• Discuss the role of social justice in psychologists and other mental health professionals in promoting and developing equitable clinical practice
  • Critique a variety of factors that need to be considered when making educational and clinical decisions for diverse students
  • Demonstrate an awareness of the subjectivity of standardized data
  • Discuss current professional practice through a social justice framework

About the Speaker:

Charles Barrett graduated from St. John’s University with a Bachelor of Arts degree in Psychology and English. He later earned a Master of Education in Human Development and a Doctor of Philosophy in School Psychology from Lehigh University. His dissertation, The Cross-Cultural Assessment of Attention Deficit Hyperactivity Disorder: Influence of Acculturation and Socioeconomic Status on Maternal Ratings, is a demonstration of his interest in developing an understanding of the factors that contribute to the misidentification and overrepresentation of culturally diverse students with various disorders and disabilities.

Charles has presented at national conferences and has been featured in publications sponsored by state and national associations. Additionally, he serves in various leadership capacities within the National Association of School Psychologists (NASP) including the Publications Committee (member), co-chair of the Bilingual Interest Group, and co-chair of the Social Justice Task Force. Since July 2008, Charles has been employed as a school psychologist with Loudoun County Public Schools where he serves as an internship supervisor and chairs the APA-accredited training program’s Committee on Diversity. Committed to the training and development of future school psychologists, Charles is an adjunct lecturer in the Graduate School of Education at Howard University.

Target Audience: Doctoral Level Psychologists and Other Mental Health Professionals 
Level of Instruction: Intermediate
Location: Ginsburg Amphitheater
CE hours/credits: 1.5

[Conference Schedule] 


 

Registration

The Diversity Conference is free of charge, but advance registration is required. To register, please visit: www.surveymonkey.com/r/PCOMDiversity2017.

Parking

PCOM has a parking garage that can be entered from the PCOM driveway off Monument Road, from Stout Road, or from City Avenue.  Cost: $5 (cash and/or credit card is accepted).

Parking will be available for free in the PCOM Monument Lot, on Monument Road between Target and Fresh Grocer on SATURDAY ONLY.  

Readings

A brief list of readings for each presentation will be distributed to participants on the day of the event.

 

Continuing Education Credits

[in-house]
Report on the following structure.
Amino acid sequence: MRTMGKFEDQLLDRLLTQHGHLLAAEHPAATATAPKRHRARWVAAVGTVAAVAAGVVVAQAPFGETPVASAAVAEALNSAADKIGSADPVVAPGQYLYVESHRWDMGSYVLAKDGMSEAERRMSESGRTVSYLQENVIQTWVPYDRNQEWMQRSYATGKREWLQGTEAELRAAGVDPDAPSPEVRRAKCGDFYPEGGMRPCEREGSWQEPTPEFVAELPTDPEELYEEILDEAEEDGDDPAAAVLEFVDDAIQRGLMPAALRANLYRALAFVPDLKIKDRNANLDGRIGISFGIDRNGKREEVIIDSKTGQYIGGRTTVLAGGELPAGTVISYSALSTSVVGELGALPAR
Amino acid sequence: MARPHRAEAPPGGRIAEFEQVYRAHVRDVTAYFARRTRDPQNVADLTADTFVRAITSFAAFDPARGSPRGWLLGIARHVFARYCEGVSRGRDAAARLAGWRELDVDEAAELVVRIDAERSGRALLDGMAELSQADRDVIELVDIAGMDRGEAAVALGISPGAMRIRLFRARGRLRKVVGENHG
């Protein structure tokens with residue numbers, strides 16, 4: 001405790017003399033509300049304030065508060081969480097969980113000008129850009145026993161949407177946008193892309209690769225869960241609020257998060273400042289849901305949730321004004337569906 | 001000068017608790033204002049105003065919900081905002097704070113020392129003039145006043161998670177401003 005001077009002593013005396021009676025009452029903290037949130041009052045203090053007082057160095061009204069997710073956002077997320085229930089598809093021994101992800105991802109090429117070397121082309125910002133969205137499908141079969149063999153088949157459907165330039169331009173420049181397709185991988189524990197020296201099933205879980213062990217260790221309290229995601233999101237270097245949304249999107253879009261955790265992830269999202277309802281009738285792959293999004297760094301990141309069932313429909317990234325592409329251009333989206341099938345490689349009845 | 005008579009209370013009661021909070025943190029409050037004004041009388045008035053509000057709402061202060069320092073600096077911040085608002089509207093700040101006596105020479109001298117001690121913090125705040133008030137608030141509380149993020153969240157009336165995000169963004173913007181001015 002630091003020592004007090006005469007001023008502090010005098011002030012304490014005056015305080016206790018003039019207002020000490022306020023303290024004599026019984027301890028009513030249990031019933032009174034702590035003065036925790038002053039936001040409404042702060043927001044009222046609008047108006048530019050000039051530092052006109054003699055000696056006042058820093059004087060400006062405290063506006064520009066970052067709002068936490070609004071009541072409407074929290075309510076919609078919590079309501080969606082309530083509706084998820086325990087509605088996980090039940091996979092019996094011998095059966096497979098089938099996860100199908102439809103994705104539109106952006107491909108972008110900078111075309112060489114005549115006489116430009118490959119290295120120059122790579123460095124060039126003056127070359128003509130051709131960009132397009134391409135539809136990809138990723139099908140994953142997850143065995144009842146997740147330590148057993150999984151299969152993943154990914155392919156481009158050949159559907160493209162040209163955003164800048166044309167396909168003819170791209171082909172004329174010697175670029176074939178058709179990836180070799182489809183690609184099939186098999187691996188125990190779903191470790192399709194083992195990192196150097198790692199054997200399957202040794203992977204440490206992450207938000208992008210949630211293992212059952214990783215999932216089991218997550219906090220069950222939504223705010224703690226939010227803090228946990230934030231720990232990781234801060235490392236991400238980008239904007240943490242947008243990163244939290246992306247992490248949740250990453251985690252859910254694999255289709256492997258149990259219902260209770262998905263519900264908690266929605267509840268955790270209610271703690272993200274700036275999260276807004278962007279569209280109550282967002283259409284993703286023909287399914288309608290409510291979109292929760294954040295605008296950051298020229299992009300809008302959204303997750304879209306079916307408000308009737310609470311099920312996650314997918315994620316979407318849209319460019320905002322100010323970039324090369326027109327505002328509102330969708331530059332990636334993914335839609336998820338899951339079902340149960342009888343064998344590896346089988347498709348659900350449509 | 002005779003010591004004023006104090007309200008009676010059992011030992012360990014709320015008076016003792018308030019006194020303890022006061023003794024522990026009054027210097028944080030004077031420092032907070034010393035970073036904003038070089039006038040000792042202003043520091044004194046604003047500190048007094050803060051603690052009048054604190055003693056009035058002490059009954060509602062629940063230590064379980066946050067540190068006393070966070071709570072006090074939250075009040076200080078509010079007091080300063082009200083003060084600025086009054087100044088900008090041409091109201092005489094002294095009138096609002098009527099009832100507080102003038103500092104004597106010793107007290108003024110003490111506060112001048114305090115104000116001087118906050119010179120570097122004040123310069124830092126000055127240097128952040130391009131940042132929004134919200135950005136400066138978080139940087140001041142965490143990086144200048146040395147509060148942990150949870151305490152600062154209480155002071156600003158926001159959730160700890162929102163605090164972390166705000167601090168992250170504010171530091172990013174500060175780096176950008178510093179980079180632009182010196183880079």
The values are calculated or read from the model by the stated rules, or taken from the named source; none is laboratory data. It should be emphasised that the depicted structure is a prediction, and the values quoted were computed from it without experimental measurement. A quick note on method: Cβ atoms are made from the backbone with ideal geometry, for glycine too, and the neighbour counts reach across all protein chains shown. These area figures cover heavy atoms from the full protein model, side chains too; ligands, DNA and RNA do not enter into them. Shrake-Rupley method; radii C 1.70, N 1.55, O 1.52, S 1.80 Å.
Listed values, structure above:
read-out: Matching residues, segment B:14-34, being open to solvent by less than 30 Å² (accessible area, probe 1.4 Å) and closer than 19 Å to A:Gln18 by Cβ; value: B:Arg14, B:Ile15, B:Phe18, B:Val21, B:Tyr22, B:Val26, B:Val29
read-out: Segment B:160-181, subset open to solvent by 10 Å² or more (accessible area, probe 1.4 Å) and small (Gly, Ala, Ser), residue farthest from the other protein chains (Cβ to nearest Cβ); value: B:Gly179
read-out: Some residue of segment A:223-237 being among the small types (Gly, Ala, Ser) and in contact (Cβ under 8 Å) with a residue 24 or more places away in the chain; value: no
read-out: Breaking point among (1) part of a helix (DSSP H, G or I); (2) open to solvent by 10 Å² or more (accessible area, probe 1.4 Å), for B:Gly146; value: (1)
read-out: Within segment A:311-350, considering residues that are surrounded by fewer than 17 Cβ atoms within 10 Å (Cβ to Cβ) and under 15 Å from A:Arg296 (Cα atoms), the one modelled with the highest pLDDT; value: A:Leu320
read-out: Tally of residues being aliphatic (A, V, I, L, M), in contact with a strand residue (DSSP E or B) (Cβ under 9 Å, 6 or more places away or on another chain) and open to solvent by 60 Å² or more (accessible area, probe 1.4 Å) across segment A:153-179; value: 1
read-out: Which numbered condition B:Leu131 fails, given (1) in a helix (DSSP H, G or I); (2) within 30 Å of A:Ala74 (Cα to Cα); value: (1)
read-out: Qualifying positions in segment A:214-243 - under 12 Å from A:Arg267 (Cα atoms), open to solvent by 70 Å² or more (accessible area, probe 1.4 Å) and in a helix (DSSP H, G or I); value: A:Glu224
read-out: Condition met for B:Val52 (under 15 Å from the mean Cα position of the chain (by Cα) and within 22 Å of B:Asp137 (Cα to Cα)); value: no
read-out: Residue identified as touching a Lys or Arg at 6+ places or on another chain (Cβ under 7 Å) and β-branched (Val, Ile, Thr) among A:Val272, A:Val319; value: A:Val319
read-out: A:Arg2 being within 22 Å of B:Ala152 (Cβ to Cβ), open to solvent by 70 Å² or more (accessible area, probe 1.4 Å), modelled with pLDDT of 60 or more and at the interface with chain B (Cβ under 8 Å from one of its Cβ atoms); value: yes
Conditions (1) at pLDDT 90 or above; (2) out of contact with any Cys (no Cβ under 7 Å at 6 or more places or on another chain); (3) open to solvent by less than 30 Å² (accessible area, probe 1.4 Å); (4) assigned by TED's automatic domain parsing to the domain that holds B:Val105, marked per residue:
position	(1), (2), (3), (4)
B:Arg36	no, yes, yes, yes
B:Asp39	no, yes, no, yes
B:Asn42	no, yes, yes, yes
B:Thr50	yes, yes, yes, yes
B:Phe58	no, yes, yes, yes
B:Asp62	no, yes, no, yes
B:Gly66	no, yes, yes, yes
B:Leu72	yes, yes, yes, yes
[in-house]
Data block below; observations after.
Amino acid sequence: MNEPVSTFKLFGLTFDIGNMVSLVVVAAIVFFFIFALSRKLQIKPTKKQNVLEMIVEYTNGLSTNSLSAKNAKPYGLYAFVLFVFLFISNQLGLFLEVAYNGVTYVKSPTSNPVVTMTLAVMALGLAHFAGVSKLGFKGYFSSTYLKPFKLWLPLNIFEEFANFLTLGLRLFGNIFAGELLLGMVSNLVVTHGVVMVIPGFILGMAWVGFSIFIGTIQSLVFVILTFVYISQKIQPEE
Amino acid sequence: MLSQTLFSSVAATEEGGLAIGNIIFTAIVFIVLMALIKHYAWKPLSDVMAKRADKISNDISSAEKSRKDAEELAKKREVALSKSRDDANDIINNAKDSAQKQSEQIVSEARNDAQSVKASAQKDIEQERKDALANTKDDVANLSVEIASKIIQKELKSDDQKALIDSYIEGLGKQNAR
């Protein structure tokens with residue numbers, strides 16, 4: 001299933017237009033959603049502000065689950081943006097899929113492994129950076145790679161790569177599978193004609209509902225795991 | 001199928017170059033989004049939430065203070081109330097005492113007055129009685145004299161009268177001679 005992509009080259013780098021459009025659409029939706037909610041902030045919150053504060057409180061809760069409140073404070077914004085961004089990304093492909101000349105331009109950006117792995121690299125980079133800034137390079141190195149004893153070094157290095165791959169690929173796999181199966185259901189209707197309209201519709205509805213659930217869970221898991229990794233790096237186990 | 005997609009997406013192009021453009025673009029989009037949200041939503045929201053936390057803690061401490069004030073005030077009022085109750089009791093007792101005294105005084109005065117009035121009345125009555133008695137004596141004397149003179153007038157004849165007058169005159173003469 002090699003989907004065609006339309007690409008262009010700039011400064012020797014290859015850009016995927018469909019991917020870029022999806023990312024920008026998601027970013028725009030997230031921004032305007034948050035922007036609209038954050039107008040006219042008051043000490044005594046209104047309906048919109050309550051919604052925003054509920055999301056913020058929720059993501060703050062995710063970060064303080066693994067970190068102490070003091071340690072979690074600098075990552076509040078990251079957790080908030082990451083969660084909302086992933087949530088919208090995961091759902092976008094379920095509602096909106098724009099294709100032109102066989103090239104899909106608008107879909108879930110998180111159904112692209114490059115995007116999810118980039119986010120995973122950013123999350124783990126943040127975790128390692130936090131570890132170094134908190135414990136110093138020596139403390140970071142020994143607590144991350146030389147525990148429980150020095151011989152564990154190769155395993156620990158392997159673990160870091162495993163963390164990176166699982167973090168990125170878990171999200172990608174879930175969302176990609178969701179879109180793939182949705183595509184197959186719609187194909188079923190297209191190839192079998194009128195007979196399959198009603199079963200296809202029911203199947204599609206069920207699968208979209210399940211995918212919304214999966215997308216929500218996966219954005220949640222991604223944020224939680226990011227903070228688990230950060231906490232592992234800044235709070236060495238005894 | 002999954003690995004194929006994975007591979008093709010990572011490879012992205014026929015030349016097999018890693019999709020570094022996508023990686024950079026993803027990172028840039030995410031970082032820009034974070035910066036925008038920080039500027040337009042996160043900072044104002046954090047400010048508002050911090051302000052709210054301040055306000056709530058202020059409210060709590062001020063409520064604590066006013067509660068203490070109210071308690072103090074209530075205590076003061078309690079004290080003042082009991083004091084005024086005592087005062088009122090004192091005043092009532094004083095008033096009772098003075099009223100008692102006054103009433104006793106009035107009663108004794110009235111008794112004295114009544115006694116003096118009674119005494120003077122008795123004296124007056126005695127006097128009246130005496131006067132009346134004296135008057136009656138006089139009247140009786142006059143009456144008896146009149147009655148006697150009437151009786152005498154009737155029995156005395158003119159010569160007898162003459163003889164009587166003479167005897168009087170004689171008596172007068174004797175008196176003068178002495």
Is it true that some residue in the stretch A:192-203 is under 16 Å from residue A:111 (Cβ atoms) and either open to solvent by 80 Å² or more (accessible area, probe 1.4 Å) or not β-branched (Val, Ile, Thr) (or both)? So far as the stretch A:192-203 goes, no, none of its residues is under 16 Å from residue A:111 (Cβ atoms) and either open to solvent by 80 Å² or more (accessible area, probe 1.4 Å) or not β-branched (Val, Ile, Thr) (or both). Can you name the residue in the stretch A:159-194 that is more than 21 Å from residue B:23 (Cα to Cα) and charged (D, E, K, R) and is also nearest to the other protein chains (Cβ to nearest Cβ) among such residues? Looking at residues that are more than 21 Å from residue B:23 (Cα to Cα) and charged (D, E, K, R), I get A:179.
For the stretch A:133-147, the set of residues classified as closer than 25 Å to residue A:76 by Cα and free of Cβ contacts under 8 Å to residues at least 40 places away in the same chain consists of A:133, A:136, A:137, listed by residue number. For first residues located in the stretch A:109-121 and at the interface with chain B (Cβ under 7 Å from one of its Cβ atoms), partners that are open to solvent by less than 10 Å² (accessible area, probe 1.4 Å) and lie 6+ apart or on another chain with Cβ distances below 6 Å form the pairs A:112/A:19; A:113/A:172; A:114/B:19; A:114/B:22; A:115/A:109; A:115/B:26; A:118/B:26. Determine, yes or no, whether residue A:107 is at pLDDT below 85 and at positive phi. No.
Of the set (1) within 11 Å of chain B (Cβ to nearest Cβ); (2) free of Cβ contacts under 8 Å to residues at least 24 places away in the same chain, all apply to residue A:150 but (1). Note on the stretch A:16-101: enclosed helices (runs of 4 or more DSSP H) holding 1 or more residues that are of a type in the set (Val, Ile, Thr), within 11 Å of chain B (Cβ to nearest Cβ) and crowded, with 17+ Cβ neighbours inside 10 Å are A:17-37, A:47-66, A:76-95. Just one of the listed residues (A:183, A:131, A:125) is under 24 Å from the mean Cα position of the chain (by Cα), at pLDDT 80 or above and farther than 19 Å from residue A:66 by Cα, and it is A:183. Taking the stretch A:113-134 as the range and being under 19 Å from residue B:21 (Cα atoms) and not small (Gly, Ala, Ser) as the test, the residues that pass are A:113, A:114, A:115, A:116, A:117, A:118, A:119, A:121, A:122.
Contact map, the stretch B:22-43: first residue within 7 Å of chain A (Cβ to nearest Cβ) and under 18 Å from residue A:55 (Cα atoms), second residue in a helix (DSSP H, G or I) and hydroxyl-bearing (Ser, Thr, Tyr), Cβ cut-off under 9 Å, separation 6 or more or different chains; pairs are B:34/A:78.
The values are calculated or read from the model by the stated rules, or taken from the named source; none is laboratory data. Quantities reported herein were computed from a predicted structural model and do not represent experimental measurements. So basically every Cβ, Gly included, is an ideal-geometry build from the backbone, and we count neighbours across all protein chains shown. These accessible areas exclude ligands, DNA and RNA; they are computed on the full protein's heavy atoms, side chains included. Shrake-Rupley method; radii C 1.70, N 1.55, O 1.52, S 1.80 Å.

Criteria for Earning CE

For those attending, you must sign into each session, attend each session in its entirety and complete and submit the evaluation form at the conclusion of each session to be awarded the Continuing Education credit designated for each session. Partial credits for any given session are not available.

Psychologists: 1.5 CE hours/credits per event. The Philadelphia College of Osteopathic Medicine (PCOM) Department of Psychology is approved by the American Psychological Association to sponsor continuing education for psychologists. PCOM Department of Psychology maintains responsibility for this program and its content.

NBCC Counselors: 1.5 CE hours/credits per event. Philadelphia College of Osteopathic Medicine, Department of Psychology, is an NBCC-Approved Continuing Education Provider (ACEP) and may offer NBCC-approved clock hours for events that meet NBCC requirements. The ACEP solely is responsible for all aspects of the program. We adhere to NBCC Continuing Education Guidelines (PROVIDER #5672).

Licensed Social Workers: 1.5 hours/credits per event. The Philadelphia College of Osteopathic Medicine (PCOM) Department of Psychology is approved by the American Psychological Association to sponsor continuing education for psychologists. The PCOM Department of Psychology maintains responsibility for this program and its content. The Pennsylvania Board of Social Work Examiners recognizes and accepts the psychology continuing education hours/credits for social workers. Social workers who meet the CE criteria will receive the Certificate of Attendance.


Director of Continuing Education
Robert A. DiTomasso, PhD, ABPP

Associate Director of Continuing Education
Bruce S. Zahn, EdD, ABPP

Continuing Education Student Advisory Committee
Rachel Gerofsky, Sarah Decker, and Steven Hofberg

Coordinator for Continuing Education
Rachel J. Cuffeld-Gaymon, MBA

Unless otherwise specified in the program promotional materials, there is no commercial support interest to the sponsor, instructors, content of instruction or any other relationship that could be construed as a conflict of interest. Unless otherwise noted in the promotional materials, all PCOM Department of Psychology CE programs are free of charge. For any program for which a fee is charged, there is a Refund/Cancellation Policy.

Refund/Cancellation Policy:

For any program that has a fee attached, the Department of Psychology requires that notification of cancellation be made no later than 3 business days before the day of the program. Full refunds are available for notifications for programs with fees that are made within 3 business days prior to the day of the event. For all other cancellations, a credit will be issued for a future PCOM CE program.

Further Information about the Refund/Cancellation Policy and any other questions may be obtained by contacting Rachel Cuffeld-Gaymon, MBA, Coordinator of Continuing Education, at 215-871-6533 or Rachelcu@pcom.edu.